A Long Shot
In my spare time, I'm the President of the Board for the Down Syndrome Association of Los Angeles. My Executive Director, Gail Williamson, invites me to attend a seminar for writers with disabilities at the Writer's Guild. This intrigues me and I go with her, you know, to represent. It's all very interesting and the people are amazing. Then the speaker acknowledges a few noteworthy people in attendance, one who is a producer on Breaking Bad, Bryan Cranston's show. Hey! I know Bryan. So I use this as my introduction to meet her and invite her to coffee. She's really nice and I soak up all her advice on getting a movie made. "I don't know," I tell her, "I could see Kazmir directed by Rob Reiner in a Princess Bride style. I could see Kazmir done by Tim Burton in his darker style. The story has elements for both. I also don't want to rule out Pixar." She suggests that I write a letter and just ask if there's interest to direct my movie. That sounds simple enough. Sure, Rob Reiner and TIm Burton are just people like us, right?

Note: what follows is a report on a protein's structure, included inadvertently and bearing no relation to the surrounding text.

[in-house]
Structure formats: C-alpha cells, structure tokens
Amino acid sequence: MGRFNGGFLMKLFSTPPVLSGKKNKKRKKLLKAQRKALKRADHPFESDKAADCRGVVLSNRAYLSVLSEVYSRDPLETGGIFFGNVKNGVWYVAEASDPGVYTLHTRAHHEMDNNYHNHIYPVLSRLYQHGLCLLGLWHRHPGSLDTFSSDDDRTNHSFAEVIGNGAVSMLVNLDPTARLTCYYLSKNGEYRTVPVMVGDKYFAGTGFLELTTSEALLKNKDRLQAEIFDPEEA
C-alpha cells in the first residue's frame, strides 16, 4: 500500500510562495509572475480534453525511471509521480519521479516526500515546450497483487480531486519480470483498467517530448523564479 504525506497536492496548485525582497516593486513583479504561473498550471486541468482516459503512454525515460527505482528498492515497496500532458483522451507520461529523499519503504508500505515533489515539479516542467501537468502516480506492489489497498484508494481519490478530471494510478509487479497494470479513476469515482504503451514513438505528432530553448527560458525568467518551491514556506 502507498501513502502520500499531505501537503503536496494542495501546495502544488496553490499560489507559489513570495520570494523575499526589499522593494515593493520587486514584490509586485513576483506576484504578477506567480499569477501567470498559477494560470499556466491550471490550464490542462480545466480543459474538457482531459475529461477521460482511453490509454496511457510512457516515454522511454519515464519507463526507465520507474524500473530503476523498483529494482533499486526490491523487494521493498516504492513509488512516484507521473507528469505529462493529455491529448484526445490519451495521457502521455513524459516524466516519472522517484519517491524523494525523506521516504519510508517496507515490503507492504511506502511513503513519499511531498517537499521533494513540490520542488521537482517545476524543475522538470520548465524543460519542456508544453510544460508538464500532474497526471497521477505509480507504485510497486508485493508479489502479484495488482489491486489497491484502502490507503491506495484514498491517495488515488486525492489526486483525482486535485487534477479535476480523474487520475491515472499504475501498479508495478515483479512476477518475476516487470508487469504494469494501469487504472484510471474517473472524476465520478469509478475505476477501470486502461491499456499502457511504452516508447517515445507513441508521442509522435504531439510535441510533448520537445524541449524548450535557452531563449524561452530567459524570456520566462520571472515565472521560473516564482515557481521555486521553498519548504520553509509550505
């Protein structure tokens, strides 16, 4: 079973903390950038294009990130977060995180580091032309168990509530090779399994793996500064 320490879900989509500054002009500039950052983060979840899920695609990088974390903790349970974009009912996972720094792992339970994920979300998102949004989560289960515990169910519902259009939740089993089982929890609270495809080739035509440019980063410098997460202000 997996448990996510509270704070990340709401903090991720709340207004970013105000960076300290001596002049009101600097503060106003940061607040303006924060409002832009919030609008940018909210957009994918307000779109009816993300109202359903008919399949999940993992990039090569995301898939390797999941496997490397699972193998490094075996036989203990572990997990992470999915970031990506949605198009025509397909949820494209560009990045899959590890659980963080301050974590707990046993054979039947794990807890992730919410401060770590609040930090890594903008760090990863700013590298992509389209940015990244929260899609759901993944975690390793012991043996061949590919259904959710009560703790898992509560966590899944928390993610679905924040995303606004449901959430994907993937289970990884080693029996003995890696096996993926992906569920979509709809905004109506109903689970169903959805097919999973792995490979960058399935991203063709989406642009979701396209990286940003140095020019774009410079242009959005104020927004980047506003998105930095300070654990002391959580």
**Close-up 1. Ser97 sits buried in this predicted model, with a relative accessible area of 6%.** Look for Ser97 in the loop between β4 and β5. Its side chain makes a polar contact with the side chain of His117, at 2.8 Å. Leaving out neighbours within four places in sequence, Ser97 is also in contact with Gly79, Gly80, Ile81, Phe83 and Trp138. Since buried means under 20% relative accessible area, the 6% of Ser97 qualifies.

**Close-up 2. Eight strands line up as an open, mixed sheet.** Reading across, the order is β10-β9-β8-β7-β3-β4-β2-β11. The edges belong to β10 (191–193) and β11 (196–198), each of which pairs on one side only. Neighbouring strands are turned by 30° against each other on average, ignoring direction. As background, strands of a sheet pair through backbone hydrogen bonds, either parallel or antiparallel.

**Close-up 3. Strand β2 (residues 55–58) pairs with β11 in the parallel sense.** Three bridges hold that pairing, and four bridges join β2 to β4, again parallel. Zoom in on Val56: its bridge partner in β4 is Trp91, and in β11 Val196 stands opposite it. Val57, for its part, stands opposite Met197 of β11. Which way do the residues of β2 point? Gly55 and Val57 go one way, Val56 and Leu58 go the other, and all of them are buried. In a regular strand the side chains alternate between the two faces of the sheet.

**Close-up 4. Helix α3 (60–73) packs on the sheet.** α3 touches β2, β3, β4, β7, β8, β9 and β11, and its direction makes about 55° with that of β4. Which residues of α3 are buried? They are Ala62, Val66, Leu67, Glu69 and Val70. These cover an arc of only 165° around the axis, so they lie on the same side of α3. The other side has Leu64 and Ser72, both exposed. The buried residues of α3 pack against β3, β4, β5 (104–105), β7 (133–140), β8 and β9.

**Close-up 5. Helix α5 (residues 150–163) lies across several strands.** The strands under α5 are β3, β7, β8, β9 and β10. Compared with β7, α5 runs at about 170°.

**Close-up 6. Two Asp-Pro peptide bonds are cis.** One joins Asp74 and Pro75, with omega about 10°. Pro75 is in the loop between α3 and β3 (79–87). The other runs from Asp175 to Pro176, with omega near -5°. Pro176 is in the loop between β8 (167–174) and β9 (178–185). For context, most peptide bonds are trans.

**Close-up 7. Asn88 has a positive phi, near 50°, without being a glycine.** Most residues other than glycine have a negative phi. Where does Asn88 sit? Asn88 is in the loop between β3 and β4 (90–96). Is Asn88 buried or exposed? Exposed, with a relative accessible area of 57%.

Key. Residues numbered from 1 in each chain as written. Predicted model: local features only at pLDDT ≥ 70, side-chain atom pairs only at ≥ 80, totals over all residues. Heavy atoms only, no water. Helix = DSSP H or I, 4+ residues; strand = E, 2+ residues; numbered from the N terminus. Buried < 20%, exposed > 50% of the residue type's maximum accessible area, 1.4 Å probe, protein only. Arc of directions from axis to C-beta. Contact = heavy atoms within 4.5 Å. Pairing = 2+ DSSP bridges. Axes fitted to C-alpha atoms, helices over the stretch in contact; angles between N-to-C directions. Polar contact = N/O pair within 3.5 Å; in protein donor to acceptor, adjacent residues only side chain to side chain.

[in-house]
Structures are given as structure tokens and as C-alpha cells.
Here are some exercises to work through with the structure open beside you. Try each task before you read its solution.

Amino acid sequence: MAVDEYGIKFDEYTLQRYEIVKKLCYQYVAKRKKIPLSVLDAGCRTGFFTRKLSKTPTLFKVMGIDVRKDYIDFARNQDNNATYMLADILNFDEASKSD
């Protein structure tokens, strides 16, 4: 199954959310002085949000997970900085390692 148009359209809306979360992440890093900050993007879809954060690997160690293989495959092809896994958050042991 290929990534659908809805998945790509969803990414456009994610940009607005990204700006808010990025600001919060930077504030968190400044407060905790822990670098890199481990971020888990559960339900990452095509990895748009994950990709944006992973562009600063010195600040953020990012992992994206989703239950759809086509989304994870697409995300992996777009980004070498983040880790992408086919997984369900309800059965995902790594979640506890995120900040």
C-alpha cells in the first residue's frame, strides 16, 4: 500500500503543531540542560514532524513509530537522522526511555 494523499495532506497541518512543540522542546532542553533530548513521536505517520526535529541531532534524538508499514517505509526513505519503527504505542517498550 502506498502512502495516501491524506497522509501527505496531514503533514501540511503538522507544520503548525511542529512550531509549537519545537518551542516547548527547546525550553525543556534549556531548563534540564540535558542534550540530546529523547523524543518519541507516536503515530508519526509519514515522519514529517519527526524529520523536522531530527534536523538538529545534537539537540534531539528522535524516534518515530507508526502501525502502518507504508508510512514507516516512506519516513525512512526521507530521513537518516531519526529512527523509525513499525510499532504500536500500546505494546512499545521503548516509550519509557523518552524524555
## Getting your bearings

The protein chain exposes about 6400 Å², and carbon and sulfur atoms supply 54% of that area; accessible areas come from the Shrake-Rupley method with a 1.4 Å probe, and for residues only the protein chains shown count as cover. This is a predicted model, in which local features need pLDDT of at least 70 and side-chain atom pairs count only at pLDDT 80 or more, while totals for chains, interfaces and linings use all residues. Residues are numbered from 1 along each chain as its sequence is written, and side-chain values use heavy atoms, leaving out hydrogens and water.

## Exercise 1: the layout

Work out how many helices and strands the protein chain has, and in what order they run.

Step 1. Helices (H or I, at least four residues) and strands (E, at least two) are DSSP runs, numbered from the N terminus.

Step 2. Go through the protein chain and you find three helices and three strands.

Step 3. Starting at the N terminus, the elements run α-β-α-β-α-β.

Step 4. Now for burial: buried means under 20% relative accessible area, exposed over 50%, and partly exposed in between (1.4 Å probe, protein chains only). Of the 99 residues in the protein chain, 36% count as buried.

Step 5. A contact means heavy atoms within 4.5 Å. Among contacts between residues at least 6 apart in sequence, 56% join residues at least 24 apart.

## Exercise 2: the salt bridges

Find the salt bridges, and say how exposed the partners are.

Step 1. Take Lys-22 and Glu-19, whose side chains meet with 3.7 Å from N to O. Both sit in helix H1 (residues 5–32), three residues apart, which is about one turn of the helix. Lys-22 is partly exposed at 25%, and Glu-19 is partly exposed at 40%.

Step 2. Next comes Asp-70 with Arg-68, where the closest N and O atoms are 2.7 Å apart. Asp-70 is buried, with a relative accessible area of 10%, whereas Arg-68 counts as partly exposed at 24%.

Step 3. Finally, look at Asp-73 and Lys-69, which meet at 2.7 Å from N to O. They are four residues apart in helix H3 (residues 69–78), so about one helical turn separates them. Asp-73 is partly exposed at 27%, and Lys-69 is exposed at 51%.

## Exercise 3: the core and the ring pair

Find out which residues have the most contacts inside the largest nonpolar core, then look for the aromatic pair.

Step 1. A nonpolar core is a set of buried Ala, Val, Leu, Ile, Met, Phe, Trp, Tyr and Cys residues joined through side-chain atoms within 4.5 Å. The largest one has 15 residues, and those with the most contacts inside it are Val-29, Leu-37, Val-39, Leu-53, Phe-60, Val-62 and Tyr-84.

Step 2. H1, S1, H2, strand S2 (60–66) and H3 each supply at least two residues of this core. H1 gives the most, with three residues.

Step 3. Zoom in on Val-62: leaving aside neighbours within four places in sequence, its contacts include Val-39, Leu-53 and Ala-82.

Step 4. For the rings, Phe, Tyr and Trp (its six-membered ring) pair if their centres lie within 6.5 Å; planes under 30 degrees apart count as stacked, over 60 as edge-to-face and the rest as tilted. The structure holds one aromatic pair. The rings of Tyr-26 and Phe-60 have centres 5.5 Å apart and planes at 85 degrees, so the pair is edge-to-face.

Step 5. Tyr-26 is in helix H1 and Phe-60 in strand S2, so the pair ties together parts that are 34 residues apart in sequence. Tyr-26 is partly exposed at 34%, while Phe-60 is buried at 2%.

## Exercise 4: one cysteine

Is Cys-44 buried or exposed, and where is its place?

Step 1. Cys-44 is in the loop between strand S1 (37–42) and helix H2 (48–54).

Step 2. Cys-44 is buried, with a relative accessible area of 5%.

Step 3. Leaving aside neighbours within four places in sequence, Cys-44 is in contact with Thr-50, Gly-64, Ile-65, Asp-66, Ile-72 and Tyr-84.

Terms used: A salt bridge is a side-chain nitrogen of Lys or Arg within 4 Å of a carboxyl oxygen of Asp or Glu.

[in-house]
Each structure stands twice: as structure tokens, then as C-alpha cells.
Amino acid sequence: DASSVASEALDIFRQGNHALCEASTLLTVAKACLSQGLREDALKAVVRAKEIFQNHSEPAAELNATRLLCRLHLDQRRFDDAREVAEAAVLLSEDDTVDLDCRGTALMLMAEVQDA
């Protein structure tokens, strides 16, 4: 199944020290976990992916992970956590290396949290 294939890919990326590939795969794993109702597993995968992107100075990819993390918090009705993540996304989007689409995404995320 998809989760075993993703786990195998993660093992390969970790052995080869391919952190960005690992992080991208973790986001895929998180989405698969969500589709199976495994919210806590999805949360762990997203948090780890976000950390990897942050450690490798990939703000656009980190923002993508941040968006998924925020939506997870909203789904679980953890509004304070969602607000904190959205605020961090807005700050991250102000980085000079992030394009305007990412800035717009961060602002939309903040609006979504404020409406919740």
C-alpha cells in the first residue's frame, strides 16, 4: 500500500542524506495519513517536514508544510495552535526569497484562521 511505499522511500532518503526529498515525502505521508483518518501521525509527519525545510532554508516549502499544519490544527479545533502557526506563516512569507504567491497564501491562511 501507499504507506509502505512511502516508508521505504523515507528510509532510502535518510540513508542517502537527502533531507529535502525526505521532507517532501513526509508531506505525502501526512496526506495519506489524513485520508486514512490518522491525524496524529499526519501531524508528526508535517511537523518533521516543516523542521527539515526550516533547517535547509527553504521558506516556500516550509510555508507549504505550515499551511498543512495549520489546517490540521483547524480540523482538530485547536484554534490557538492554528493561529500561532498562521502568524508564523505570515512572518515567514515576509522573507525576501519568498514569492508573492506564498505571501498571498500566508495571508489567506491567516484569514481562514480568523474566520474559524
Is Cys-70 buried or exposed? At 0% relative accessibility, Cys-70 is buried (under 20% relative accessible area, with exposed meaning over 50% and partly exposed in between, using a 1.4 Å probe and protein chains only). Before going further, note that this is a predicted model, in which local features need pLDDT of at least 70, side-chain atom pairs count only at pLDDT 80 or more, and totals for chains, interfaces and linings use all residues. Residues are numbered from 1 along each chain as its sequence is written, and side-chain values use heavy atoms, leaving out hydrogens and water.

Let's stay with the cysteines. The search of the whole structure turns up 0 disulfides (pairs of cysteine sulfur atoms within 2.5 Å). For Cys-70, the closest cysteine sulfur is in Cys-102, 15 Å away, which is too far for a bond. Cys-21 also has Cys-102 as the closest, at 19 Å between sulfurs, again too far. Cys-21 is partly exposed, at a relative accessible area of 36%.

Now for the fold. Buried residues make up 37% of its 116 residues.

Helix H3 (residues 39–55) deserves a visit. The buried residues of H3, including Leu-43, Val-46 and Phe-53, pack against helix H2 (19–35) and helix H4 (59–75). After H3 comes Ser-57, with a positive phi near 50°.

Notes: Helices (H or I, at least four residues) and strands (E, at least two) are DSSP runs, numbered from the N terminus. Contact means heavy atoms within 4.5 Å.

I contact all the people I know, trying to find at least 6 degrees of separation to Mr. Tim Burton. Sure, I'll write a letter, but it always seems better to say that so-and-so suggested I contact you. I just can't believe that no one knows the man. I mean, he works. He's gotta eat.
Well, maybe our paths will cross, but in the meantime, I might as well try just sending a letter and audiobook to his company. It's a long-shot, but so was writing this book, and getting Bryan Cranston to narrate it, and getting it talked about on national TV on the Bonnie Hunt Show. Let's face it, long-shots aren't what they once were.